Jesus amazed his listeners in explaining deep spiritual truths by using common life situation and things around Him to illustrate a point: sheep, goats, coins, candles, salt, cities, sand, grain, wine, water, bread, family relationships, farming, fishing, storms, birth, death and a multitude of other metaphors. Life Lessons from Chess is an attempt to follow His model.

Monday, October 4, 2010

30. One At The Top

Key Bible Verse: For there is but one God, the Father, from whom all things came and for whom we live. (I Corinthians 8:6 NIV)

In every sport there comes a set of heroes; a list of people you raise on pedestals. Chess is no different. Over the years there have been a number of Grand Masters I have received lessons from, played, or simply met. In each case I have purchased one of their books. A fascinating phenomenon takes place when I read them: I can actually hear their voice in my head. I admit that I have been very impressed by each. One Grand Master comes to the top in my thinking. This can be attributed to his style of writing, creativity and help in enabling me to win games.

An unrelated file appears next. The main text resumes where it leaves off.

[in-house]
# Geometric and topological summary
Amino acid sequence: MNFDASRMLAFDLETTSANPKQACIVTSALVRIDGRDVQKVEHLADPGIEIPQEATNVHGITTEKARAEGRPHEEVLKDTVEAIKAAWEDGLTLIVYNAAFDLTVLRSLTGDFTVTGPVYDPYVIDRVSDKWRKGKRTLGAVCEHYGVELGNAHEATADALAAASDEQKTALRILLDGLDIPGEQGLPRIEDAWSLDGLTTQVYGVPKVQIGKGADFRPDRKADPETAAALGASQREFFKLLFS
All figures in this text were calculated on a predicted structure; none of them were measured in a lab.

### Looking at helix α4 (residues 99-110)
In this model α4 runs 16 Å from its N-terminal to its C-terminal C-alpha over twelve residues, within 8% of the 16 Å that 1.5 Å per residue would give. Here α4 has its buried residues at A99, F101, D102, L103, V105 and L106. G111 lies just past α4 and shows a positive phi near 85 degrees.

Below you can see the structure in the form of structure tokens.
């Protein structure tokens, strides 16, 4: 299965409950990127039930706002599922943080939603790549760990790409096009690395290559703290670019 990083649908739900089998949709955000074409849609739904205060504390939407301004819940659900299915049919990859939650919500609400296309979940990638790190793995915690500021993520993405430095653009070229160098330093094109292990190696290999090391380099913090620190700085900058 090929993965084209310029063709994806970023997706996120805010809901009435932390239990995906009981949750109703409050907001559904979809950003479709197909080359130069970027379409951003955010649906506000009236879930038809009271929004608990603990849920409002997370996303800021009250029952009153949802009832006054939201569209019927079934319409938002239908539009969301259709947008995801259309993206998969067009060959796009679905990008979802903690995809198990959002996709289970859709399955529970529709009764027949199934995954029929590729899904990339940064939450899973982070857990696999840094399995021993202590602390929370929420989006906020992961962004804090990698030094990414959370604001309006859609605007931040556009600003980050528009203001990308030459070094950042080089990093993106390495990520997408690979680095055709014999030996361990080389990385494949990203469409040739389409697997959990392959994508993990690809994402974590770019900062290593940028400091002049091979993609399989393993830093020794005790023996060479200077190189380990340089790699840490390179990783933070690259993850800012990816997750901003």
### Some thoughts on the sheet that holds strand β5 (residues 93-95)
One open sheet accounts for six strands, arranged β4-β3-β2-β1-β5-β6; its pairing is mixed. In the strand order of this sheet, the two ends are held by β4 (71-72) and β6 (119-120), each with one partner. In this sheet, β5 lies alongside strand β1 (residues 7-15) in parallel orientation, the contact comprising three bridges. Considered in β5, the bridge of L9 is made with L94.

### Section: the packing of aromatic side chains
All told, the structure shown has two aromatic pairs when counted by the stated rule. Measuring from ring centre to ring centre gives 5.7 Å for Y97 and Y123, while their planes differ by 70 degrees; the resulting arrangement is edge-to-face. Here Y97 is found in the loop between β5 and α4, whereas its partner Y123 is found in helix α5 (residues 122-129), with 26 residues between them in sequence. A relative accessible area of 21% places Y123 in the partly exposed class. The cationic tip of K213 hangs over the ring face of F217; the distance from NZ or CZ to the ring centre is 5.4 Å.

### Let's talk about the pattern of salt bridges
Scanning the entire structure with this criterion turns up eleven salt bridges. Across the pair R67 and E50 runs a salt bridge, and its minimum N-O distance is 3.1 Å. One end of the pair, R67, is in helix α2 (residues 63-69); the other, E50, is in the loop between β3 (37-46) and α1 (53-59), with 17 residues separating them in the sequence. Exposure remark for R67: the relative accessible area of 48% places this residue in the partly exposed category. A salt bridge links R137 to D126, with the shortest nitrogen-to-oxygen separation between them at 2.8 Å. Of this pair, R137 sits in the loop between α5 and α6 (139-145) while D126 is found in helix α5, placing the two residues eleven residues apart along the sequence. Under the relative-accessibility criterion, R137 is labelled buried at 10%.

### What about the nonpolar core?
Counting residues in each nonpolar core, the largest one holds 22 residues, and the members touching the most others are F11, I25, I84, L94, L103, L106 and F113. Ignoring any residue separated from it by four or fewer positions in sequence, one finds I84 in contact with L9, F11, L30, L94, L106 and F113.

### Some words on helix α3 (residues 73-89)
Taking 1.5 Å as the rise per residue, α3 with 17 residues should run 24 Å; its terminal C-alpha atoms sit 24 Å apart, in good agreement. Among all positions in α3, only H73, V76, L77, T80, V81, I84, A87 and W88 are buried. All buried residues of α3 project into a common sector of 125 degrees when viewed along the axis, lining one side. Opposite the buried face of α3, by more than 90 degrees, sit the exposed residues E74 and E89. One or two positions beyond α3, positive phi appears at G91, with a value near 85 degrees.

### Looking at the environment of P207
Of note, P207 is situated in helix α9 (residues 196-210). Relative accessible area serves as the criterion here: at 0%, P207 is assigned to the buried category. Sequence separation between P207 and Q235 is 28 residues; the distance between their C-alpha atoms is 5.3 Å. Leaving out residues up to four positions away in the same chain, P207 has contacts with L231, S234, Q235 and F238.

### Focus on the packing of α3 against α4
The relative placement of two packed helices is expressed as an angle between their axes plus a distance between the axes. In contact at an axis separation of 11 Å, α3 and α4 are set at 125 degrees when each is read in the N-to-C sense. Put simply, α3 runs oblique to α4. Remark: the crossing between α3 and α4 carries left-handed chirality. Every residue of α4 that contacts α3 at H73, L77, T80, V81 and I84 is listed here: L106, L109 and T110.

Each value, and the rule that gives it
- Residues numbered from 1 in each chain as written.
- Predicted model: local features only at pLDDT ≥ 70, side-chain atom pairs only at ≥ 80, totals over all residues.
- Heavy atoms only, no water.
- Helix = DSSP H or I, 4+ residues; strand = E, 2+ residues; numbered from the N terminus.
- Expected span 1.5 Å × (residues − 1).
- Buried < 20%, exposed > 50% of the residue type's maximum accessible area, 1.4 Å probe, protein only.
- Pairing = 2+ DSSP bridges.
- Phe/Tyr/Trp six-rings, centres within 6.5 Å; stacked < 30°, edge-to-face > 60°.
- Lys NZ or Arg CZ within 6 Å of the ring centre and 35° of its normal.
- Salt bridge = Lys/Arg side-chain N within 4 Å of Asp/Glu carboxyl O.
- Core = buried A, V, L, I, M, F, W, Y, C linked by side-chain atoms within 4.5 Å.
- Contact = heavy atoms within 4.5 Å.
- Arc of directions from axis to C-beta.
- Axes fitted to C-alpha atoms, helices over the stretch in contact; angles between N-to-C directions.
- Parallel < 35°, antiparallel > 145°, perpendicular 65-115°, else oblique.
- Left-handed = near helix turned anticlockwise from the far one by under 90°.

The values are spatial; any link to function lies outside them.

Unlike chess there is only one true master of the universe and that is the God of the Bible. In theological terms this is known as monotheism (one God). From a practical stand point it means making God the overarching priority in all I do, think and say: to make him the very center of my being. Granted this is sometimes easier said than done. However, any activity, person or thing I give greater importance (a false god) only leads to my demise. On the other hand, I can count on the one who made me, who revealed his plan for my life, and who empowers me to live a life of harmony with him and his creation.

My Response: Lord, I worship only you. Thank you for your greatness and for the fact that you love me personally.

Thought to Apply: As Christians, we worship the one true God. He is perfect in every way. He is our creator, preserver of his ongoing purpose, director and the ultimate ruler of all things.

Just for Fun: This is from a game I recently played. The first diagram shows you what the board looked like on move ten. The second diagram pictures how I put him in check with my knight (Nf3) and his forced move to get out of check (Kf1). Can you figure out the next move that made it checkmate?

No comments:

Post a Comment